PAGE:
3. Find concrete ways to support Black colleagues.
Asking how someone is doing comes from a good place, right? And during the pandemic, it has been an opportunity for us all to be more honest. But, in this particular context, it doesn’t do much to help alleviate professional and personal burdens, does it? Instead of only asking how your colleagues are, think through actionable, concrete ways you can support Black coworkers. This is especially important if your colleague doesn’t want to talk to you about how they feel. It’s also very helpful if you’re a manager. Katie T.*, 33, a criminal defense attorney, tells SELF that while the recent string of police violence has brought increased ability to do more to protect the rights of her clients, this has had an adverse effect on her own personal welfare. “There are only a few Black attorneys,” she tells SELF. “And there was no individualized inquiry into our wellbeing from higher-ups.” She adds that while some coworkers reached out, management (who is in a position to provide additional resources) did not. If you’re a manager, you might be able to offer time off (without having to use PTO), mental health support, or other specific resources and tools to help make your employees’ workloads more manageable.
4. Allow your Black colleagues space to express themselves or be silent.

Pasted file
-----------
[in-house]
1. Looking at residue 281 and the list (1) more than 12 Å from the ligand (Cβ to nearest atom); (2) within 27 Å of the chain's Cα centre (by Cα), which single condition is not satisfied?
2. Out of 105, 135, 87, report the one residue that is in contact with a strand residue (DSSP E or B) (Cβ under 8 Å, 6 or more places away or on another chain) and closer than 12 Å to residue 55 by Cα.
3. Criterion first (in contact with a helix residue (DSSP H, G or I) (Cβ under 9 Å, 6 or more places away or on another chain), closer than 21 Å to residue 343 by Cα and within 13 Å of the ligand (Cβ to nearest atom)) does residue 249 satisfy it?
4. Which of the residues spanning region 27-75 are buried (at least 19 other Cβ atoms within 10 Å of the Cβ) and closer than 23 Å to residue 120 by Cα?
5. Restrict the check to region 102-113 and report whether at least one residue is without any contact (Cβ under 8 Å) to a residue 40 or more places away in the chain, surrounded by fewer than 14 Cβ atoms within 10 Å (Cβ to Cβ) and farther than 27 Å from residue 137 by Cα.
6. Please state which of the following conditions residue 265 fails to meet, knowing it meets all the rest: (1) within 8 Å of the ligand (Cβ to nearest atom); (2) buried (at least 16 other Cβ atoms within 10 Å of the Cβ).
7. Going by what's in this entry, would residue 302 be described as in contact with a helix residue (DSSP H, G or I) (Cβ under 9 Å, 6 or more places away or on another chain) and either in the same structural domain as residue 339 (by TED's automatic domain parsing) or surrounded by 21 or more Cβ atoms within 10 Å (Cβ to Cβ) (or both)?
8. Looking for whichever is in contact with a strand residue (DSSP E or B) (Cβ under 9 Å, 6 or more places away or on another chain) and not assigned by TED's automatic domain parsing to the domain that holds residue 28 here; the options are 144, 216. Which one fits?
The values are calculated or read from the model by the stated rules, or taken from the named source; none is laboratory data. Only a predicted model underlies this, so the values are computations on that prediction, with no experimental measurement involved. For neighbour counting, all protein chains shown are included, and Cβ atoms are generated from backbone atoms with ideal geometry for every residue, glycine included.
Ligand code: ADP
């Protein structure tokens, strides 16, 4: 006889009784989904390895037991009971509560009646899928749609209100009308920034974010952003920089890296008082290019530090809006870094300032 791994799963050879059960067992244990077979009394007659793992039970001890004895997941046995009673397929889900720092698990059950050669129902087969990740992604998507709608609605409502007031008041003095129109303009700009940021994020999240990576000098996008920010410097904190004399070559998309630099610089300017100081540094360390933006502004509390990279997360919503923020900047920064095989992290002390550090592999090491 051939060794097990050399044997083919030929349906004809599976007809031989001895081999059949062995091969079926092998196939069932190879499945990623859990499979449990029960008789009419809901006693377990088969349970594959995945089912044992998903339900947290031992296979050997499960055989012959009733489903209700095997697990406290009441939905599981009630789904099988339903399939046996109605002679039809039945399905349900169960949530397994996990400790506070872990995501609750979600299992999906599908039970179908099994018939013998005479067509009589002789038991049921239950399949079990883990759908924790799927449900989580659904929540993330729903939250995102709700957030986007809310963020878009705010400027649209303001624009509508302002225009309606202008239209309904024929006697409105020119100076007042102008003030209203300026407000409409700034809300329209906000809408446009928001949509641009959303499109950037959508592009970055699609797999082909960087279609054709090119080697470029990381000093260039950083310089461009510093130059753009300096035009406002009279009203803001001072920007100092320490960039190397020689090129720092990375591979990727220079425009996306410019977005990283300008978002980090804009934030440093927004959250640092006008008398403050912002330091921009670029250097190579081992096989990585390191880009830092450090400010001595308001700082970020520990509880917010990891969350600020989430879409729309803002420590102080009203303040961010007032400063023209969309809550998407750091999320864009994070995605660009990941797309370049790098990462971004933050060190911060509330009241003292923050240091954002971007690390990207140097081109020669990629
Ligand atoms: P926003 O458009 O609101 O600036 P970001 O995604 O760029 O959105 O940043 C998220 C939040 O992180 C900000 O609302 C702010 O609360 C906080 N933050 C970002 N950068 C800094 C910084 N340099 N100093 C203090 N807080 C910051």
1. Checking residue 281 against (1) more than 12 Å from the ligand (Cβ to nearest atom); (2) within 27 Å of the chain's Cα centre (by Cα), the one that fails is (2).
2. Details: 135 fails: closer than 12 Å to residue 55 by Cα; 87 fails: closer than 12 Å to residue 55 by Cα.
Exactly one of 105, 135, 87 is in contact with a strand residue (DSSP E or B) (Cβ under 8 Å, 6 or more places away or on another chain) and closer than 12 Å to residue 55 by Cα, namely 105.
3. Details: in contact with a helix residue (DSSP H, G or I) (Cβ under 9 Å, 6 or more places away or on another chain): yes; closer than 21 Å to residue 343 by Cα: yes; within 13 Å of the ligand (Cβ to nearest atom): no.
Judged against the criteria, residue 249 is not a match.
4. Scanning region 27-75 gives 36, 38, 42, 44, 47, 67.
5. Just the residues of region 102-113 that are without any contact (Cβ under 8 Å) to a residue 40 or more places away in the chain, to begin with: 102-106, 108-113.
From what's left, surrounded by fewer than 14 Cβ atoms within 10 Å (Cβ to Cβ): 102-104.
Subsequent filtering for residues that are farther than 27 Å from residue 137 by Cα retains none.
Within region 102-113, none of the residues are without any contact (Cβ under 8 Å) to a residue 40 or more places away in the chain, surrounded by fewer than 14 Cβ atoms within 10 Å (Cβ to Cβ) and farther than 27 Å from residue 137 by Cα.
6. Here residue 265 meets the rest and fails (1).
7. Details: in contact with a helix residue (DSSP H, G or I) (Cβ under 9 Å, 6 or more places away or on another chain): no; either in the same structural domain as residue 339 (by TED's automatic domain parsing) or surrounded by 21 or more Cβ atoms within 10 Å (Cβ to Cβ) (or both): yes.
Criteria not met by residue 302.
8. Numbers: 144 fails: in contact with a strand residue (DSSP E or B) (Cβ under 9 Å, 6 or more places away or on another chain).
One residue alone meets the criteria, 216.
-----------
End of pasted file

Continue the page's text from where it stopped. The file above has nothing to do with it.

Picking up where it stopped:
“My non-Black coworkers can continue to give me my space, and allow me to speak up or not depending on how I feel,” Rachel K., 36, who works in the entertainment industry, tells SELF. It can be hard to intuit what someone else needs, but giving your Black coworkers space to speak up or remain silent allows them to process their own feelings. If a Black coworker of yours clearly doesn’t want to talk about race or racial justice with you, leave it be. And if they do, don’t rush to change the subject out of your own discomfort.
5. Listen to your Black coworkers.
Alexandria G., 34, a middle school teacher, tells SELF that the most important way non-Black colleagues can lend support is to “have our backs” when challenges arise. Yes, there have been town halls, panel discussions, touch bases, check-ins, team huddles, and cuddle puddles—but there’s a strong chance that your Black coworkers have a laundry list of moments where they’ve been professionally overlooked, underestimated, or mistreated. So, today, tomorrow, and on all of the days when systemic racism isn’t top of mind, listen and consider the perspectives of your Black coworkers. Most importantly, this isn’t limited to when they’re talking about racism. Listen when they’re doing the jobs they were hired to perform.
6. Elevate your Black coworkers in meetings and other professional settings.
When you agree with a Black colleague’s idea or appreciate their contributions, be vocal about it. Openly agree and openly acknowledge those contributions, especially if other colleagues regularly ignore or disregard what your Black coworkers have to say. You can also highlight accomplishments (as appropriate) to make sure that your colleagues are getting the credit and attention they deserve, but make sure you’re not patronizing—do it when it feels natural or when it’s clear that contributions are being misattributed or downright overlooked. “Allies can make sure they are going to bat for us … about the way we do our job,” Katie explains.
7. Be transparent about your pay.